All California cases have a time limit on when the matter can be brought to court, known as the Statute of Limitations (SOL). California workers’ compensation claims are no exception to the rule. In order to have the option of legal remedies for a work related injury, a claim it must first meet the deadline to file that has been imposed by California State Law.
Generally, the Statute of Limitation to file a workers’ compensation claim is one year from the date of injury or illness.
Once the Statute has passed, the claim may not have the opportunity of being heard in court and may not garner a positive outcome. The claim must be brought to the attention of the Workers Compensation Appeals Board (WCAB) before the Statute of Limitations is met, in order to allow the case a chance at a legal remedy. This important time limit exists in every case.
But just like in other fields of law, California Workers’ Compensation Statute of Limitations may be somewhat flexible in special circumstances. For example, in a cumulative trauma claim, where an injury has occurred over time from doing repetitive work over and over (such as data entry for 8 hours a day for many years), the 1-year Statute of limitations begins immediately the day after the exposure to whatever is causing the trauma ends. So even if an injury began many months or even years ago, but the worker continued to do the same tasks, it may be possible to pursue a cumulative trauma claim once the worker stops working.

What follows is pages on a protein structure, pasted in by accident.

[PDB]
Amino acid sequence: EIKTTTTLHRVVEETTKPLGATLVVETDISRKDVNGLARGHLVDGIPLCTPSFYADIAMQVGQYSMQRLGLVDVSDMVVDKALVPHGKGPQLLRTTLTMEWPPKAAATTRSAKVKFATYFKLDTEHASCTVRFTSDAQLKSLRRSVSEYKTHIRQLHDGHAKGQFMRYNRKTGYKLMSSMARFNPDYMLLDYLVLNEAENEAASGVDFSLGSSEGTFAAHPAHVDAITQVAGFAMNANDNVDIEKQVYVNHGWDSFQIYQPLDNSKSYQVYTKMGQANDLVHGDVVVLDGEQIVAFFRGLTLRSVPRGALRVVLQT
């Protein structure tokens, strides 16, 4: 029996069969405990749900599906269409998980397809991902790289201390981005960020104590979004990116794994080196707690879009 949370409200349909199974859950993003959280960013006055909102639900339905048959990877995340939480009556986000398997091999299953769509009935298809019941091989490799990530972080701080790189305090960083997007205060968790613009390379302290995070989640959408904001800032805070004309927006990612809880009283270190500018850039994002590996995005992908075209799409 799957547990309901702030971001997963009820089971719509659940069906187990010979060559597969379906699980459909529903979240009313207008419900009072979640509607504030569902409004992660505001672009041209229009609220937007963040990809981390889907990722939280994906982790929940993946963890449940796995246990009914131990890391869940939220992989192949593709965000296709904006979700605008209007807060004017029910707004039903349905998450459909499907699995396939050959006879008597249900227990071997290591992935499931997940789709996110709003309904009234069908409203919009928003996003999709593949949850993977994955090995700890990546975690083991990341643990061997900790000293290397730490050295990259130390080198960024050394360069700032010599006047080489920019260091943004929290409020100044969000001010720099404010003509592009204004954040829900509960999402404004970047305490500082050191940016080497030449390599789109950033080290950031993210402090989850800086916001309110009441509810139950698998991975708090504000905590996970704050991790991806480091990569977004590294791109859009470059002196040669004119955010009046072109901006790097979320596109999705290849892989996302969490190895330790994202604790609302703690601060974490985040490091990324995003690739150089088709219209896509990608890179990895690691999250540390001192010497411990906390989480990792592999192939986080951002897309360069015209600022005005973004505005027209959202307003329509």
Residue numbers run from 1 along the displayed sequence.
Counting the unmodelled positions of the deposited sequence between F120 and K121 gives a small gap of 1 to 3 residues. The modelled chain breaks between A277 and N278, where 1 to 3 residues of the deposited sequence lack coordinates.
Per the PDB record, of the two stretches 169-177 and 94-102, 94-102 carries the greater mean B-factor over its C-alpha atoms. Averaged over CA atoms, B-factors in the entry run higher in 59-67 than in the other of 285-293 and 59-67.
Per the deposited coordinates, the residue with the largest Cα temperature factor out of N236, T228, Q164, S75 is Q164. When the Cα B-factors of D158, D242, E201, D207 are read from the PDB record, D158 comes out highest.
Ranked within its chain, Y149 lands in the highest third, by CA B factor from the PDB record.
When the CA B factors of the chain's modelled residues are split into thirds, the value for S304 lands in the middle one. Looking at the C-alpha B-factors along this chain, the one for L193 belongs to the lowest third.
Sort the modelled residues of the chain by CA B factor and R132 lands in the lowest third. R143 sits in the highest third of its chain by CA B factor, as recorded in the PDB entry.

There are additional ways to extend the Statute
of Limitations such as:
- When the employer, through their insurance carrier, provides medical treatment to the injured worker.
- This triggers the Statute to extend out to 5 years from the injury date.
- If the injured worker is under the age of 18 at the time of injury the SOL will not begin until the date that the individual reaches the age of majority (18).
- When the injured worker is not aware that they are being caused any harm. This pertains to matters of toxic exposure of any method, the Statute is triggered on the date that the employee discovers the harm.
- In matters where the employee is not provided a DWC-1 Form by their employer when reporting an injury and the employee was not aware of the steps necessary to obtain workers compensation benefits in the state of California.